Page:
Here’s an interesting story which I may have told you before on the radio. However, it’s worth repeating. Two years ago, in the light of the wider Black Lives Matter movement, the BBC in Scotland celebrated Black History Month. As we discussed how we could make sense of this on a country music programme we started to imagine how we could include African American artists in the running order of the show. Before we got very far we realised we could very easily play two hours of music playing these artists alone.

The result was a joyous episode celebrating artists we’d played before as well as discovering new acts whose records became regular spins over the next two years. We realised, as many people now know, that there was a very healthy roster of African American artists in the country/Americana community. In the year preceding all this, 2019, there had also been some serious shifting of the plates within country music. Lil Nas’s Old Town Road had caused a furore by being a country record from a black artist which country radio and Billboard had managed to sideline. You can read about that particular controversy here. The upshot of all of that however was that country music, celebrated by African Americans was here to stay.

In the UK we’d just exported one of our finest Americana artists to Nashville in the shape of Yola. Her debut album, ‘Walk Through Fire’ had brought together some great Nashville writers under the stewardship of Black Keys’ Dan Auerbach who cowrote, produced and released (on his Easy Eye label) her debut album. It was and continues to be a rich brew of country blues and soul.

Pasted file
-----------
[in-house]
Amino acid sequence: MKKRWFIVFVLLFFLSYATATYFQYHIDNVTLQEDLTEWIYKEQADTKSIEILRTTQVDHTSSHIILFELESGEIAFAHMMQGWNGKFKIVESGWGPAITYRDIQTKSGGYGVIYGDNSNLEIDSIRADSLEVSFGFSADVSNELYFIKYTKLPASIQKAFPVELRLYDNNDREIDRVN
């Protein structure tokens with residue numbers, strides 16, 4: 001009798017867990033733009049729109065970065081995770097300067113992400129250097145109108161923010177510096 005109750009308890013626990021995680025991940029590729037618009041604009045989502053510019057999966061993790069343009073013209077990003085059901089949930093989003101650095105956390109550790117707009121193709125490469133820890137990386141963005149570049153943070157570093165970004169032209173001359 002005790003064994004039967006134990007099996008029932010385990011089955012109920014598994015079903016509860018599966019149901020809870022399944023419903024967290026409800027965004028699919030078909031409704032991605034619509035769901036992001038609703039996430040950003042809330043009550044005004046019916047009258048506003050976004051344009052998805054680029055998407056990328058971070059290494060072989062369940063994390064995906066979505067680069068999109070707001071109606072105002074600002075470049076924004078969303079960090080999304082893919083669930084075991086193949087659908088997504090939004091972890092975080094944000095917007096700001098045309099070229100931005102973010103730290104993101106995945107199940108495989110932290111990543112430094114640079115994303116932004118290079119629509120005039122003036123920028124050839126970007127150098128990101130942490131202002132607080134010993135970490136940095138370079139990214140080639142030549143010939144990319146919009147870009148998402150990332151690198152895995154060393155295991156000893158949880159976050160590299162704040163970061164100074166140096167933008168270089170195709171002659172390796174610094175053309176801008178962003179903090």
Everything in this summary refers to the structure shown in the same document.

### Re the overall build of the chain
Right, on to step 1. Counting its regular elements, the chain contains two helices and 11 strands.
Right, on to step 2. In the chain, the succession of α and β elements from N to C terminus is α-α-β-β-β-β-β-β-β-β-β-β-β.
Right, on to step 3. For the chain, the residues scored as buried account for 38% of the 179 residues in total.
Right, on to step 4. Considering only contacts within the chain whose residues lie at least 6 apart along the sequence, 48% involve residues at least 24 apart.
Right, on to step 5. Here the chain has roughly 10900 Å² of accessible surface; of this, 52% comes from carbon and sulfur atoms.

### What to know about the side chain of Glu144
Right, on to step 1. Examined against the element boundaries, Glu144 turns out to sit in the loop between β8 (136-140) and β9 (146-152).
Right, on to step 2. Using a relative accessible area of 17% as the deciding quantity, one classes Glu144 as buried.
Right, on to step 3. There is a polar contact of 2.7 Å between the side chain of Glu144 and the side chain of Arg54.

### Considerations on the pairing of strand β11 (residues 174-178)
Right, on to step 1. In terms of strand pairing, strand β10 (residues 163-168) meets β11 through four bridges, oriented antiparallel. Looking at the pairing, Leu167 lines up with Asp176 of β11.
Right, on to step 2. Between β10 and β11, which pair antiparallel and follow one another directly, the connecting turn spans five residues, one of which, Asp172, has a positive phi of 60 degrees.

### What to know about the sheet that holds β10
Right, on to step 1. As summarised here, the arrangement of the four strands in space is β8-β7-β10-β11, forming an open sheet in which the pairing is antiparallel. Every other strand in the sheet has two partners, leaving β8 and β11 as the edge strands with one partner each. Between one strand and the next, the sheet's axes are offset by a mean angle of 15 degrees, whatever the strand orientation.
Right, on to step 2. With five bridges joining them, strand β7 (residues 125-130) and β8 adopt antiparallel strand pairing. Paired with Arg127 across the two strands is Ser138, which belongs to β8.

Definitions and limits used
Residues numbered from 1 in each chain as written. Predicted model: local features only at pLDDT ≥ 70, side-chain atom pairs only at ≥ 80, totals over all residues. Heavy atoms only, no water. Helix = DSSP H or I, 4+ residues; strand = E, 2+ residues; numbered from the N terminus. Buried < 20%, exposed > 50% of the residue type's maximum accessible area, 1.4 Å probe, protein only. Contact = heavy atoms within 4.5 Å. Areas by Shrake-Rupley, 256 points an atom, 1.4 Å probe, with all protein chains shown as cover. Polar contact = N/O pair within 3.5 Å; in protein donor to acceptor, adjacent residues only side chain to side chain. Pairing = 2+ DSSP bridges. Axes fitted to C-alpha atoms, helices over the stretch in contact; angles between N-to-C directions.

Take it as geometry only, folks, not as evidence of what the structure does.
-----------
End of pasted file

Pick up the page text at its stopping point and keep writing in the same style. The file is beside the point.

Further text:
In the following year we’d already had a ground breaking album from Allison Russell which had changed the way people understood Americana by refocussing the listener on to queer, race and women’s issues. To say Outside Child changed the Americana genre is a huge understatement. Despite Allison having had a significant career as a member of Birds of Chicago, telling her own story in her own voice seemed to change everything. Americana, often, seemingly celebrated only by beardy old blokes, now had a wider focus. Songs about abuse, racism and sexual identity had become part of the new repertoire. It was the change the music needed.

Mickey Guyton, Kane Brown, Jimmie Allen, Brittney Spencer & Willie Jones

What did all of this mean for the listener? For the AC we made sure we never again played a show without including African American artists. This allowed us to showcase some of the most exciting new names over the last couple of years. We’ve discovered Joy Oladokun, Amythyst Kiah, Tre´ Burt and Mickey Guyton. Since that time all of these artists and more have become core acts and we have all delighted in the music they are making.

This coming Tuesday we’ll celebrate Black History Month again knowing that it is a continuation of artists we already love with some new names we hope to hear more from over the next year or so. Do join me on this week’s Another Country on BBC Scotland FM this Tuesday evening at five past eight or on BBC Sounds at a time or place of your own choosing.